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EXCLUSIVE INTERVIEW: Trey Blanton, Former Army Officer and Afghanistan Veteran Shares His Insights on Artsakh, Turkey, Azerbaijan and More
The abandonment of the 'Big Stick' politics, as Roosevelt once advocated, is evident in the timidity of Western leaders.
I sat down with Trey Blanton recently, a former US Army officer and Afghanistan Veteran who is currently pursuing a journalism degree at Sam Houston State University. He already holds a Criminal Justice degree from the same university. After being sent on mission in Afghanistan twice, once in 2011 and again in 2014, Blanton became a deputy sheriff in Montgomery County, Texas in his desire to help others and serve the wider community. For Trey, this was not enough, he felt he could serve and protect people better away from the political arena and therefore started working for a Roman Catholic organization. With so many conflicts happening currently in the Middle East and elsewhere, I wanted to ask Trey, who has experience both in the Army as well as journalism, what he thinks about current conflicts, geopolitics and specifically, the ethnic cleansing of Artsakh.
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TB: “After my time in the Army and the police, I started reporting on Artsakh for a Roman Catholic organization. Most of the information I gained came from Twitter, so it was very difficult to verify what was going on and which sources were reliable, so these articles always took me a couple of days to work on, to make sure it was all accurate. Soon after I started publishing, people from the Armenian community reached out to me, as well as Americans who support Armenia and Artsakh. This is how I was able to build up my source base for my articles, for example, I interviewed Archbishop Anoushavan of the Armenian Apostolic Church in New York, as well as Foreign Minister David Babayan of Artsakh (former Minister Babayan was arrested and detained by Azerbaijan on September 30th during the Armenian exodus from Artsakh).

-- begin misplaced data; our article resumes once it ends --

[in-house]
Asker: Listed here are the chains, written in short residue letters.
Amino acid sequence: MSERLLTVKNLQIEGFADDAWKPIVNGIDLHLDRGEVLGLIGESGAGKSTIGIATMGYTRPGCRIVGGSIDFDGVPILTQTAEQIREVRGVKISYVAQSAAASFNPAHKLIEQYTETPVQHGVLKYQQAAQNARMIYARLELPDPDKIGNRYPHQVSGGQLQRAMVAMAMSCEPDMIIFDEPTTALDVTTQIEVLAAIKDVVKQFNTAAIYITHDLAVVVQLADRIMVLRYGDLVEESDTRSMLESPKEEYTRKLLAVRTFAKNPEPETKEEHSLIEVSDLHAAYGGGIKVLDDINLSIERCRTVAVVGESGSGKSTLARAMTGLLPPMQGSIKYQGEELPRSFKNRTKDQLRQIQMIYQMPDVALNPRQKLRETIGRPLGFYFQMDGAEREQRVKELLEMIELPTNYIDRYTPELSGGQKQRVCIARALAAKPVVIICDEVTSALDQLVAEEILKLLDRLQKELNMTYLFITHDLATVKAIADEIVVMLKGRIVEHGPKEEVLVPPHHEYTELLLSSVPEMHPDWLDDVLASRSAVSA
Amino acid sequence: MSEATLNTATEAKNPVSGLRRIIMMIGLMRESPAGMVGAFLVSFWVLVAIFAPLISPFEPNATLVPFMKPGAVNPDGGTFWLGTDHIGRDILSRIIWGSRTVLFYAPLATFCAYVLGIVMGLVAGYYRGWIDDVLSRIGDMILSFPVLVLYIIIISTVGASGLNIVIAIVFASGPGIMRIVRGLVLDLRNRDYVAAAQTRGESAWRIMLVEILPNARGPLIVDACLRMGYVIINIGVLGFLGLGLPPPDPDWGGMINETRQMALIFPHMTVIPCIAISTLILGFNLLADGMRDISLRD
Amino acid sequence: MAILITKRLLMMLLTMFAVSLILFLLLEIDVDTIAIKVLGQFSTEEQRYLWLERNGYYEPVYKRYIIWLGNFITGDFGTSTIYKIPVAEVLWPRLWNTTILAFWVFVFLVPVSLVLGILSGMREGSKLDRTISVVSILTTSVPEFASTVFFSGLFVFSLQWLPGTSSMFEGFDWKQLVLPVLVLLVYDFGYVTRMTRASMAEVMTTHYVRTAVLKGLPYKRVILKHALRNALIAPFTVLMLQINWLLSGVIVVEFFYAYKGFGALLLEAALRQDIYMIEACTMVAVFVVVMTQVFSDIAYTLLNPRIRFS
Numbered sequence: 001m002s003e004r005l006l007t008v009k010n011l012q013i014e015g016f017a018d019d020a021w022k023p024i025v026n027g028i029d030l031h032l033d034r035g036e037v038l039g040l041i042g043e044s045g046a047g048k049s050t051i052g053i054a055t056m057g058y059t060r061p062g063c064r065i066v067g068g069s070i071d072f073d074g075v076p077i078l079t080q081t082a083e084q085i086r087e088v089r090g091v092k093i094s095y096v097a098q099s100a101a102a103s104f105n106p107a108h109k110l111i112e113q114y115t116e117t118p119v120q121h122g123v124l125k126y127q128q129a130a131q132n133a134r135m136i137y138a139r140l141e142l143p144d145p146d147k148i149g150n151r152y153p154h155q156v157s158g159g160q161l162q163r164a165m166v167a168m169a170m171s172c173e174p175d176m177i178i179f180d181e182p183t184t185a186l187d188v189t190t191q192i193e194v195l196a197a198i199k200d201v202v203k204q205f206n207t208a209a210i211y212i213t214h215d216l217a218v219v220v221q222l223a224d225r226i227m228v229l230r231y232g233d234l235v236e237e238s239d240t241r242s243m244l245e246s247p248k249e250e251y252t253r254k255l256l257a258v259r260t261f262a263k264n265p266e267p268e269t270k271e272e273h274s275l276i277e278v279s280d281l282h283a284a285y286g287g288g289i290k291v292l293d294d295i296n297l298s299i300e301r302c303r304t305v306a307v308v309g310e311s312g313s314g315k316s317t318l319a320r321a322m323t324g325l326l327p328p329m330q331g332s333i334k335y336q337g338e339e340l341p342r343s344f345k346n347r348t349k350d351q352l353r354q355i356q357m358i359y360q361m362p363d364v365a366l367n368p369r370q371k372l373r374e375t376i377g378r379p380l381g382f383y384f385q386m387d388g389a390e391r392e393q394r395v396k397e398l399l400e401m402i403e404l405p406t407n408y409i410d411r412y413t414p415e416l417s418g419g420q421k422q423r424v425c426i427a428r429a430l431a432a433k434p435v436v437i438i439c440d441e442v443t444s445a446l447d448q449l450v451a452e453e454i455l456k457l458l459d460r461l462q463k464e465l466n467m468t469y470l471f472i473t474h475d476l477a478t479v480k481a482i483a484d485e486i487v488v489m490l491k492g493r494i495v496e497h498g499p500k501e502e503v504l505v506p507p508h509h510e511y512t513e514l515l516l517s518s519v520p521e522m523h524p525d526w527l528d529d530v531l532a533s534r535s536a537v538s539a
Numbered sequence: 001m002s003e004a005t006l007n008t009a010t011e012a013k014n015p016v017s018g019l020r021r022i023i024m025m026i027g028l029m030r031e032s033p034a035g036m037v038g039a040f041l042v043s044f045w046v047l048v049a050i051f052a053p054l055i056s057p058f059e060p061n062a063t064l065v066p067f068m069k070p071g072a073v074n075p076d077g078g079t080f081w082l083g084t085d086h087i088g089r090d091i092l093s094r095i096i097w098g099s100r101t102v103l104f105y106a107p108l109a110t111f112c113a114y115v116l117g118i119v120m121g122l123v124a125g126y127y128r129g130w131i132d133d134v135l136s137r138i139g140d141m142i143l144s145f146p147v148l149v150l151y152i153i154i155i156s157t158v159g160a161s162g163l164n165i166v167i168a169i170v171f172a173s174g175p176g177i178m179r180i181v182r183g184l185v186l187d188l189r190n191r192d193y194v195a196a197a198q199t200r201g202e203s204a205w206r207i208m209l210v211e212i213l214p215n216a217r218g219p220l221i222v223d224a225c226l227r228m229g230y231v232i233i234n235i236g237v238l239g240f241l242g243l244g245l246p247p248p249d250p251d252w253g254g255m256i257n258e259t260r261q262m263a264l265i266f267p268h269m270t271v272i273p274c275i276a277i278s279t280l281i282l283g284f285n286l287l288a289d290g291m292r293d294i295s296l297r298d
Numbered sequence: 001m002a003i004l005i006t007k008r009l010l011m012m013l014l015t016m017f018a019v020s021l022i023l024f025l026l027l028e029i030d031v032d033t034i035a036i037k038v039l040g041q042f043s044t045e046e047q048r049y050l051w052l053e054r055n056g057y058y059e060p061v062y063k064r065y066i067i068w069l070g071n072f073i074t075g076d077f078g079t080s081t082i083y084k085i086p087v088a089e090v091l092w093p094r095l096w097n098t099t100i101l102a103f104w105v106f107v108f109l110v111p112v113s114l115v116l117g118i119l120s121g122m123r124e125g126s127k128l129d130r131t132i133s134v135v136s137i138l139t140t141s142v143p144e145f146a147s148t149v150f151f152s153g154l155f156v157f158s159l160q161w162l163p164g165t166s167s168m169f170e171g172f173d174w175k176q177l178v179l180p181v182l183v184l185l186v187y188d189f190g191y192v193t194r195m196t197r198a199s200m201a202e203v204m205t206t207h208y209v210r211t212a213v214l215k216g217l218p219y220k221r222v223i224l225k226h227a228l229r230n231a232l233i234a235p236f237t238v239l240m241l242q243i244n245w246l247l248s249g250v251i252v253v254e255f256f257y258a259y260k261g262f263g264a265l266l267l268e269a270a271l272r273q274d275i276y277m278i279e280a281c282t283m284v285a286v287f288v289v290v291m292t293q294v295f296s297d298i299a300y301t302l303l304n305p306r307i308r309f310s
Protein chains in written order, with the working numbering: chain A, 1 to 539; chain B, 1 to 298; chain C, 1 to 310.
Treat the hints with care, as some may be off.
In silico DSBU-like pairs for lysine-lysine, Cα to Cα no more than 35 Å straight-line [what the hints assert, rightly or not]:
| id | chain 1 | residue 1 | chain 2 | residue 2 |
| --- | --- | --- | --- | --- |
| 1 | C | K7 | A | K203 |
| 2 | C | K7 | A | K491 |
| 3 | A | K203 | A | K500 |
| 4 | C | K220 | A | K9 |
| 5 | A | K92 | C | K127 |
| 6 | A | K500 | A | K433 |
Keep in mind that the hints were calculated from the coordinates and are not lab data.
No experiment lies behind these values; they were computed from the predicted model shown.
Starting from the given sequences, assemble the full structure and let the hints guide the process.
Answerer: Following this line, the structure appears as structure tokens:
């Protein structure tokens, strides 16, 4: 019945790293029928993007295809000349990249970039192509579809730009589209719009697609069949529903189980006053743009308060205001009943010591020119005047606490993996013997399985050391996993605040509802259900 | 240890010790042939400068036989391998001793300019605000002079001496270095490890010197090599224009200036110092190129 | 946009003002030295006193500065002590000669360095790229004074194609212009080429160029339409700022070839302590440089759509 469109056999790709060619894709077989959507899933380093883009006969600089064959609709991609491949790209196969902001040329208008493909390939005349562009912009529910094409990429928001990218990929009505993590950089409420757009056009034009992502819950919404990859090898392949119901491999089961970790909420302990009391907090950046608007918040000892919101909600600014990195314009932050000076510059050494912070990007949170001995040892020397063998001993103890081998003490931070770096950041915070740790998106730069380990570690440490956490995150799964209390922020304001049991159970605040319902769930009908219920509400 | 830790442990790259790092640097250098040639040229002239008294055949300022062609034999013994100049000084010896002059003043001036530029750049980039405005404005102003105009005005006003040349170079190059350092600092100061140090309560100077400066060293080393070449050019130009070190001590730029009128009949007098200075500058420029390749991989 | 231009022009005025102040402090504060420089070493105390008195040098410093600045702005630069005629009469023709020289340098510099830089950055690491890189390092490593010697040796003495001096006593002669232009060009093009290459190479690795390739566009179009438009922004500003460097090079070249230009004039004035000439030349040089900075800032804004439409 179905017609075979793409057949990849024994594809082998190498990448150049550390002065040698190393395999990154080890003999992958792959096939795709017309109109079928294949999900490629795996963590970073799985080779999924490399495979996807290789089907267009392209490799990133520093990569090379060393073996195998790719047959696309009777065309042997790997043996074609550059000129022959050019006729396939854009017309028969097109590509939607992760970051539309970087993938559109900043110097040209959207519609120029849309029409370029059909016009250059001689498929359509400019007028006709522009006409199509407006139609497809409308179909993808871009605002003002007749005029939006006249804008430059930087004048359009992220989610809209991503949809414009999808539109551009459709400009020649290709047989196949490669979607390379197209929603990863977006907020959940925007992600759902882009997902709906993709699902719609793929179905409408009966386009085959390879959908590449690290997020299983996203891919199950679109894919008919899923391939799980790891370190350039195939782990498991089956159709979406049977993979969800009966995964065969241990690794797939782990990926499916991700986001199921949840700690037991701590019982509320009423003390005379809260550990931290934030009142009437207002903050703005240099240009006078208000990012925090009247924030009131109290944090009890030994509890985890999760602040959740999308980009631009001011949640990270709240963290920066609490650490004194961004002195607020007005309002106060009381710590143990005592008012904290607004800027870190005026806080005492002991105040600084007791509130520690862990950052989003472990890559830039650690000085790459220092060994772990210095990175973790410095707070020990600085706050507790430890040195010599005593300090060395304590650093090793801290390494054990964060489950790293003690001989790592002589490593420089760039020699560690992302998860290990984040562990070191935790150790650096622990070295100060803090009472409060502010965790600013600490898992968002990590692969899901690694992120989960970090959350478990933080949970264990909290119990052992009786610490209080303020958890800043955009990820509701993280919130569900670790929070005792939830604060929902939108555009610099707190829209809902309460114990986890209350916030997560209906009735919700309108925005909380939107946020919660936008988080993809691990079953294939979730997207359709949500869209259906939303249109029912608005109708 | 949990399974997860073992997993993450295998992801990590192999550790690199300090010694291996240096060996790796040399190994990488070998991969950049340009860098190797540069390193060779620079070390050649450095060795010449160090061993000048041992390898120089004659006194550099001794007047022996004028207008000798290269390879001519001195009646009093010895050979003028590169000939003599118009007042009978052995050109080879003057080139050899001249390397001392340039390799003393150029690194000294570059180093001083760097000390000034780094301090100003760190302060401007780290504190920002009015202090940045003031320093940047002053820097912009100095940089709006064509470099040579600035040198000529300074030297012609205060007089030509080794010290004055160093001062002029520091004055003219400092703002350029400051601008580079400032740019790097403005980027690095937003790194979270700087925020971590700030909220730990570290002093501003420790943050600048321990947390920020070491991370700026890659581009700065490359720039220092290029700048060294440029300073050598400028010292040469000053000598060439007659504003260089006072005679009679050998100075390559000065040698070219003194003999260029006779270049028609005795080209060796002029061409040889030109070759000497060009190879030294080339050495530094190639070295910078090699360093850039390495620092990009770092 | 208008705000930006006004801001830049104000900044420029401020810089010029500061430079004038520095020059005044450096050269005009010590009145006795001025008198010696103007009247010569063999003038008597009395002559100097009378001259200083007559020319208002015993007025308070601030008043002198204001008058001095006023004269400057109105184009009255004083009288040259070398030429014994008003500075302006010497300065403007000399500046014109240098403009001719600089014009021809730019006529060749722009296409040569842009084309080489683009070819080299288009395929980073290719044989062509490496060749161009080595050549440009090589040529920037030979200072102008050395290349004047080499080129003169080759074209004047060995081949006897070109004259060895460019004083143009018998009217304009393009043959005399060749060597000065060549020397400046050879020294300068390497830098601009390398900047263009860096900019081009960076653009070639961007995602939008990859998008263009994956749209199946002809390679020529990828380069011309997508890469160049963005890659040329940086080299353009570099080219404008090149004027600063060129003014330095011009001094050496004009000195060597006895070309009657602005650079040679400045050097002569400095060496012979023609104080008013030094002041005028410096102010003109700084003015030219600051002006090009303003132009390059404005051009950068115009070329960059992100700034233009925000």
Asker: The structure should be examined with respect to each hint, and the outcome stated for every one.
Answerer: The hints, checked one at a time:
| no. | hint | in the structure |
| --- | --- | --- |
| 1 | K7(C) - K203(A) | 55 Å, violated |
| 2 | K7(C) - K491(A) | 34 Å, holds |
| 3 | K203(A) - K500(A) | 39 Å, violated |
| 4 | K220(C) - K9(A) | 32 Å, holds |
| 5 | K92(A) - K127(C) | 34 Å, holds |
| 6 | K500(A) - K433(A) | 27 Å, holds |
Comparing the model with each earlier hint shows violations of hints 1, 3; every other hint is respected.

“I did the report on the war in 2020. Afterwards it came to my attention that there were those in Artsakh who thought I was the most prolific, non-Armenian journalist, covering the war and in 2021 I was invited to Artsakh. This was before any other Westerners were allowed in, I can’t say how I got in, but I did. I spoke to government ministers, talked to local families who had lost their relatives during the year 2020 and the previous war (early 1990s) when Azerbaijan attacked.
“I started to realize that the place I was working was not the best place to be able to continue to help Artsakh, so I decided to leave that organization. I went to Artsakh for a second time, this time as a teacher to the local school children there. That was important because of the importance of awareness in the West with regards to Artsakh, for the children to meet an American on a daily basis and for me to talk to Americans and tell them about my experience in Artsakh, to make more Americans knowledgeable, aware of what was going on.”
SD: Many people in the West thought about Artsakh (Nagorno-Karabakh) as a territorial dispute between two nations.
TB: “Yes, that has been one of the big misunderstandings, especially among people in the West that Armenia and that side of the world (Caucasus) has an extensively long history. To try to sum that up in an article that is readable is difficult, but I always tried to capture the big bullet points so to speak. The fact remains that Azerbaijan did not exist prior to 1918 and that it was built on massacres of Armenians. That part of the world has always been a fulcrum point for many empires, not just Armenia, but also Israel, it has always been a crossroad of empires, from Rome to Persia to the Persian Empire or Russia and the Ottoman Empire and later Turkey. That area has always been caught in the middle and there was a time when Armenia did not exist on the map and they were perpetual refugees almost like the Israelis going forty years into the desert.
“When you look at history, you will realize that Armenians are an integral part of that region and you will have to fast forward hundreds of years when you see the Turkish invasions, the Mongol invasions, and that intermingling with the local Persian population, to finally get an Azeri bloodline.The Azeris are not a people, so to speak, but I think they are more like a political party. They were a small ethnic group within Baku (Capital of Azerbaijan) who were relatively poor, who invited the Ottoman Empire in to assault both the Russians and the Persians and establish these, now Azeris, as their own identity in Baku. But prior to that point, the beginning of the twentieth century, that never existed.”